|Won 11th Emmy Award for a "60 Minutes" segment on the cruel effects of nuclear testing in the town of Semipalatinsk, Kazakhstan|
|Anchor of CBS News' "Street Stories"|
|Received an Emmy Award for his "60 Minutes" report "Made in China," a look at Chinese forced-labor camps|
|Floor correspondent for CBS News' coverage of both National Conventions|
|Floor correspondent for CBS News' coverage of Democratic National Convention|
|Joined the staff of "60 Minutes," when Dan Rather left to replace Walter Cronkite as the anchor of the CBS Evening News.|
|Floor correspondent for Democratic and Republican National Conventions|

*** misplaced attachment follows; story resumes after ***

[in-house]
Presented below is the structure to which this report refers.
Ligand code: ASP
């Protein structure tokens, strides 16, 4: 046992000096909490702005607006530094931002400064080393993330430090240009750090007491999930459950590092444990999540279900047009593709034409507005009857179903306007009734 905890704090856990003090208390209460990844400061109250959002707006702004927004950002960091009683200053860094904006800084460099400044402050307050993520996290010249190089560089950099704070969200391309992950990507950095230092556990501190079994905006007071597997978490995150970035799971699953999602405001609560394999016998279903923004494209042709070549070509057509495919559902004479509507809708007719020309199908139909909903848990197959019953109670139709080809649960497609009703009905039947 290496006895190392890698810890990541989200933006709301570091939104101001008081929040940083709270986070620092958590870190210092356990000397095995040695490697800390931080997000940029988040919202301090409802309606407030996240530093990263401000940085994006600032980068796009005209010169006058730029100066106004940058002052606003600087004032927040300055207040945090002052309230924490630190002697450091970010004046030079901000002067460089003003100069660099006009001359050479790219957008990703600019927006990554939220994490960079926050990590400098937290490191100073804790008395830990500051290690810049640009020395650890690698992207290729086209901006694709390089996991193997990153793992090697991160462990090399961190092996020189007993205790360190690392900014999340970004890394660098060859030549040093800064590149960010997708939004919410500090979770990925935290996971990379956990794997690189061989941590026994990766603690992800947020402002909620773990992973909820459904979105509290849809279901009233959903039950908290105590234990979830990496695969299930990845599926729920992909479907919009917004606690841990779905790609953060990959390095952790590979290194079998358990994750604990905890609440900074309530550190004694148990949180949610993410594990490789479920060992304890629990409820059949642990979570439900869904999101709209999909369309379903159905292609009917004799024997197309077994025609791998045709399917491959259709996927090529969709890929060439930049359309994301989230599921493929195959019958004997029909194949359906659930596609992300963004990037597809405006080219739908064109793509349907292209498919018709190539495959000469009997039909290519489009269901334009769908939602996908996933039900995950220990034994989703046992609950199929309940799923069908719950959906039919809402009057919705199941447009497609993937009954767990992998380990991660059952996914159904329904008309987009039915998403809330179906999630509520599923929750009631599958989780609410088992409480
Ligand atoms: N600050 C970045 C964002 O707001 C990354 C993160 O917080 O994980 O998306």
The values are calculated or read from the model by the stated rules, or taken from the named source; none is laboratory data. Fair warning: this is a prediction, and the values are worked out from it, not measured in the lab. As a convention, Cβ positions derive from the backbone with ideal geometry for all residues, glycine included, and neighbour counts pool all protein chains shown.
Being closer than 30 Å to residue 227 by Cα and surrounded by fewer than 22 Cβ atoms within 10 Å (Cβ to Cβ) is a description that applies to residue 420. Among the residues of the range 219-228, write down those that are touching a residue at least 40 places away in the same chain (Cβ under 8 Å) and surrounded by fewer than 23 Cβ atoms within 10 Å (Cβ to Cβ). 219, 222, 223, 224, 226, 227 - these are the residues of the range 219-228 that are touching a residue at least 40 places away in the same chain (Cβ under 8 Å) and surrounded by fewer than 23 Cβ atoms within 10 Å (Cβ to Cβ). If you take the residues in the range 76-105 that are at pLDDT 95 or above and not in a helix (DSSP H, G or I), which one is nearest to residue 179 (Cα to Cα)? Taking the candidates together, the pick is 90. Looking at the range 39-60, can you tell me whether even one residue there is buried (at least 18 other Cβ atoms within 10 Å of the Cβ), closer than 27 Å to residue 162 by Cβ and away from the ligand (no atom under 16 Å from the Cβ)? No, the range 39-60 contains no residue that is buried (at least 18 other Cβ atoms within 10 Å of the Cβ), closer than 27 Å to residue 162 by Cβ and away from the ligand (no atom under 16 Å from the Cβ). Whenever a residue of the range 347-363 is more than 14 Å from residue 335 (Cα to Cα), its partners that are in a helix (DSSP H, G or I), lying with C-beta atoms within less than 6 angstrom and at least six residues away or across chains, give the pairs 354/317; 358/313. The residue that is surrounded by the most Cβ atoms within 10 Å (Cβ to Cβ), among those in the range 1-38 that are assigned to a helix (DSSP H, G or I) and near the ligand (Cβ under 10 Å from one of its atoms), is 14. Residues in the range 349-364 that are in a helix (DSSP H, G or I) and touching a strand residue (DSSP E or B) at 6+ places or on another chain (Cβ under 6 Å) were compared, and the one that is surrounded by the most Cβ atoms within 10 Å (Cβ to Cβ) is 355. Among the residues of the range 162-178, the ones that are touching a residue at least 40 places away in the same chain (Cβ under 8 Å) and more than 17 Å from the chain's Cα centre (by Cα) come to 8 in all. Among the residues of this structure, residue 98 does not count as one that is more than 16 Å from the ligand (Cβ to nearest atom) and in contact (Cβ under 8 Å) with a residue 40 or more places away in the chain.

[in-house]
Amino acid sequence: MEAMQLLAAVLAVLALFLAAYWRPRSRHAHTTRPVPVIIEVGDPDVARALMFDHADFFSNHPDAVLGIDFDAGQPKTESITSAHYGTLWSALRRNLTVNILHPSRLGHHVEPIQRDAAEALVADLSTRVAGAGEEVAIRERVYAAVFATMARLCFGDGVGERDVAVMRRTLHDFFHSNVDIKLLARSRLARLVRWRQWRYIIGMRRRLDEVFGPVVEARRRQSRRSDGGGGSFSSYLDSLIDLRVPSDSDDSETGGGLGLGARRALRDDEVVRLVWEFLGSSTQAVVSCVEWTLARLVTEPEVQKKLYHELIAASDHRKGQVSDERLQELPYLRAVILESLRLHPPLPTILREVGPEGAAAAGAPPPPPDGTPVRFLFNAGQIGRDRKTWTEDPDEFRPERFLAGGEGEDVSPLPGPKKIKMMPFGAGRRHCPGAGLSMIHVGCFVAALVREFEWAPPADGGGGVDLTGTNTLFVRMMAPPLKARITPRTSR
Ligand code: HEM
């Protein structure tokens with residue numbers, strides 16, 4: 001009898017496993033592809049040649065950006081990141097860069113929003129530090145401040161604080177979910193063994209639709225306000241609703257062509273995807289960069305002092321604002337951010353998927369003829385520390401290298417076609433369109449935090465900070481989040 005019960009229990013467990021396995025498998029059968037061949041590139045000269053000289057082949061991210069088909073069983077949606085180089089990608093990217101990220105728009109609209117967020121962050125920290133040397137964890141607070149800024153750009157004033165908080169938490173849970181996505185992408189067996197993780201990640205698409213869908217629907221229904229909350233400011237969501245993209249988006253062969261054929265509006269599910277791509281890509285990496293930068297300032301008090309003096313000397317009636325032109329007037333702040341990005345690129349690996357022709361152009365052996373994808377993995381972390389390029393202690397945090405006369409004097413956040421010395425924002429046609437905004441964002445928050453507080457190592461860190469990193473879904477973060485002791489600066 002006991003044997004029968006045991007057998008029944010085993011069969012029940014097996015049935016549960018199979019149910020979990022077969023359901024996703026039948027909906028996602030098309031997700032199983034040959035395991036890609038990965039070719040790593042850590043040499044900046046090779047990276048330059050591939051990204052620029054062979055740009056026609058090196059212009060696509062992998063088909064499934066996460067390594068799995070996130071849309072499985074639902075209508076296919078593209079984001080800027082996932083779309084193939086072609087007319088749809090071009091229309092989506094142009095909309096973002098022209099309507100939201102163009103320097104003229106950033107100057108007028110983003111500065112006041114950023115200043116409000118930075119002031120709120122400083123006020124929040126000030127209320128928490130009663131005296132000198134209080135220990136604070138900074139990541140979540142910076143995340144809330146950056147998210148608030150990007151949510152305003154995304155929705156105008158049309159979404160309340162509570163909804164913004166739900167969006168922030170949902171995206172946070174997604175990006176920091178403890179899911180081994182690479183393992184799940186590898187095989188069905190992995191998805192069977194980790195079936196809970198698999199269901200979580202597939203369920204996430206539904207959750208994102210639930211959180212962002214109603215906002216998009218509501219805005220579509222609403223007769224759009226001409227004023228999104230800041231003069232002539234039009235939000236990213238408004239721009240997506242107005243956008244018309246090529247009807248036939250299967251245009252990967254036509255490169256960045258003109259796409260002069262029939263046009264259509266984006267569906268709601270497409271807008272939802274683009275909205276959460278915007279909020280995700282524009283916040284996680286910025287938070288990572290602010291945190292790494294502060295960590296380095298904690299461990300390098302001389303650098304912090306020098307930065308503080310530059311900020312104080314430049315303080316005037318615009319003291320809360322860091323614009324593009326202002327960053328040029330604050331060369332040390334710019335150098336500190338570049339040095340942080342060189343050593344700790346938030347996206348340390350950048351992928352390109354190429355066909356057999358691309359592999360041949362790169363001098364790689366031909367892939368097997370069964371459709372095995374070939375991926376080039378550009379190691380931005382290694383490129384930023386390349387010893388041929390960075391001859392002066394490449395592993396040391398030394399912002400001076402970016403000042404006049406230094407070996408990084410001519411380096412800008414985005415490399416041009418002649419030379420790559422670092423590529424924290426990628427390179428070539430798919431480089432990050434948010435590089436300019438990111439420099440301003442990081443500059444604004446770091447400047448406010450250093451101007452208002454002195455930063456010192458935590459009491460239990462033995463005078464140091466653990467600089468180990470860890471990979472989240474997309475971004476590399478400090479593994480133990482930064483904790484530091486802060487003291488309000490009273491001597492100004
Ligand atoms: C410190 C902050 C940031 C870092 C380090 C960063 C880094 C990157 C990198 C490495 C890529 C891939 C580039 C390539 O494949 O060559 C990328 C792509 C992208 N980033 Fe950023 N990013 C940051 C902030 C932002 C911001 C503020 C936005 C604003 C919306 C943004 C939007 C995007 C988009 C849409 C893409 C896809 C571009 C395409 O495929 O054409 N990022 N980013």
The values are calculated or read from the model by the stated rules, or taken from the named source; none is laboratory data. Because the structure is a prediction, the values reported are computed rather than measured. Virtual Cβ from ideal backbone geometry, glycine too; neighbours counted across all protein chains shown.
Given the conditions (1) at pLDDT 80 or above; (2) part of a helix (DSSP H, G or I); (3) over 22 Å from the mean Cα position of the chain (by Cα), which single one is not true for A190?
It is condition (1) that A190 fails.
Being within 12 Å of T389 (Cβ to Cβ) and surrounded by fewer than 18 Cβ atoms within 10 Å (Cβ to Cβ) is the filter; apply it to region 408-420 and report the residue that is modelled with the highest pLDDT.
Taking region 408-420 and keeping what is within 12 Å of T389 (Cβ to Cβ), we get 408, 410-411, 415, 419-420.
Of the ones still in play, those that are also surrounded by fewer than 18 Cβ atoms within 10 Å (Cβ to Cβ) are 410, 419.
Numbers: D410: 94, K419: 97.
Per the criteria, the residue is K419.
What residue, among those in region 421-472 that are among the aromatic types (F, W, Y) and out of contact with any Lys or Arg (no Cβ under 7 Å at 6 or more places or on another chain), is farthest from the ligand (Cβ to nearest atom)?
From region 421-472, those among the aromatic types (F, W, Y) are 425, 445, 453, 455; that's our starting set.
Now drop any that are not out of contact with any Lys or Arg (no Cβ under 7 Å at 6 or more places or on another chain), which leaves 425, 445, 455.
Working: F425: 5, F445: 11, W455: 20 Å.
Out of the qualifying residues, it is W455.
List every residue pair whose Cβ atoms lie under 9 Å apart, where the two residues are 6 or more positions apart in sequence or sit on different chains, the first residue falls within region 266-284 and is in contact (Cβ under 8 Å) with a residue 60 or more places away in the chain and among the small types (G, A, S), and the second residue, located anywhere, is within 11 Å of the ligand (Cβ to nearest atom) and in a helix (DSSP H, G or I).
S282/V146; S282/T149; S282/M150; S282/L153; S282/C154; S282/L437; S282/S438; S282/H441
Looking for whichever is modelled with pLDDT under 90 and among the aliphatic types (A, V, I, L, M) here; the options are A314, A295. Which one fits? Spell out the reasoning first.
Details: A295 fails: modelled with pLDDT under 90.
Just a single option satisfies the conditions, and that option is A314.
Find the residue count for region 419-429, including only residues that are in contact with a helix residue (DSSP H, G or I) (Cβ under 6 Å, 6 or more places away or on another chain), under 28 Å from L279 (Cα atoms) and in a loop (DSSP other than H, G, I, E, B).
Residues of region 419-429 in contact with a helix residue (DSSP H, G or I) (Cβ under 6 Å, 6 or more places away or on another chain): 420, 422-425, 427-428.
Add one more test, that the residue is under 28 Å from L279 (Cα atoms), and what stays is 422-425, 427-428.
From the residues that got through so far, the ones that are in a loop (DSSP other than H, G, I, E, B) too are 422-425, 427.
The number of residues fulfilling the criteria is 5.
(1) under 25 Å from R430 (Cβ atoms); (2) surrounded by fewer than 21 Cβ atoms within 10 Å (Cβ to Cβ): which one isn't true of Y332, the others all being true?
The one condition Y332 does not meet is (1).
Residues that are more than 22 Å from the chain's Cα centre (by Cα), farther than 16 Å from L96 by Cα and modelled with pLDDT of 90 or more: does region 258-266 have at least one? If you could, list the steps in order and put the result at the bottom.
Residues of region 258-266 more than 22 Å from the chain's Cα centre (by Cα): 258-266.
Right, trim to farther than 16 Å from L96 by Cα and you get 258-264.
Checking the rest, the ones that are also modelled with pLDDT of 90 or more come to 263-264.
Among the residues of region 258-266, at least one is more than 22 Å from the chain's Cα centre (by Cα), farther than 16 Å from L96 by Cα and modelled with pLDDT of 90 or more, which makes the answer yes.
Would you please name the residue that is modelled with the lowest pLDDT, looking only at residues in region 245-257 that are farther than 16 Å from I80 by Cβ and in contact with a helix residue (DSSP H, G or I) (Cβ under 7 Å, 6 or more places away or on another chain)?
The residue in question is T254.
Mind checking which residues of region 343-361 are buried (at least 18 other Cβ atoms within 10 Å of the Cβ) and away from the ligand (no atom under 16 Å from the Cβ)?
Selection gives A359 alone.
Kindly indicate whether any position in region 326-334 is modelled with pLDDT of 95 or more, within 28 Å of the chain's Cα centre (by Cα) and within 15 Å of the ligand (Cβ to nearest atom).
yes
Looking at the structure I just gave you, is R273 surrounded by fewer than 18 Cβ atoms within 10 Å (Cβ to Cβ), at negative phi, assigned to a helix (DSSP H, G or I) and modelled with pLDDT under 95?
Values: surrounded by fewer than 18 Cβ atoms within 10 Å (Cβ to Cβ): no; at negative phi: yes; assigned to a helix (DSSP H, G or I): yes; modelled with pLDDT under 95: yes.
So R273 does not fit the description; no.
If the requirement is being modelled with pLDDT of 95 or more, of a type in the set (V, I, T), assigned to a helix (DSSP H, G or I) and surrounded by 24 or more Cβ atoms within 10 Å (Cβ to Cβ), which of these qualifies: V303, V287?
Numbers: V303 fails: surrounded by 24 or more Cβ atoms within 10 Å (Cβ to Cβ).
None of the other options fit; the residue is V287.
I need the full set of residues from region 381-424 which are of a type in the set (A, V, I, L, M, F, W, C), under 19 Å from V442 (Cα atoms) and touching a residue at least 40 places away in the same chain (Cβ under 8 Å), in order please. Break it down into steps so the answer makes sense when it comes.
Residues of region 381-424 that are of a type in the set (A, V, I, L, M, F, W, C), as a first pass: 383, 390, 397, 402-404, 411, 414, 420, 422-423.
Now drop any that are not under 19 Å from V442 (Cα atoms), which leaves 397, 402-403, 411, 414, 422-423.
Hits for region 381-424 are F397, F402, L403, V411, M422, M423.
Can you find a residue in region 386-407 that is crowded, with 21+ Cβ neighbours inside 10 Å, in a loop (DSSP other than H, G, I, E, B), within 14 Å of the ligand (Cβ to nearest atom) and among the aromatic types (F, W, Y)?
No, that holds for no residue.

|Principal correspondent for "CBS Reports"|
|Joined the "CBS Sunday Night News" as anchor|
|Acted as floor correspondent for CBS News' coverage of the Democratic and Republican National Conventions|
|Covered the presidential campaign of Jimmy Carter during Campaign '76|
|CBS News White House correspondent|
|Returned to Indochina and covered fall of Cambodia and Saigon|
|Reassigned to CBS News Washington bureau|
|Wounded while on assignment in Cambodia|
|Named CBS News correspondent|
|Transfered to CBS News Saigon bureau|
|Joined CBS News as a stringer in their Paris bureau|
|Reporter for WCBS Radio in New York|
|Reporter for WDAS Radio in Philadelphia|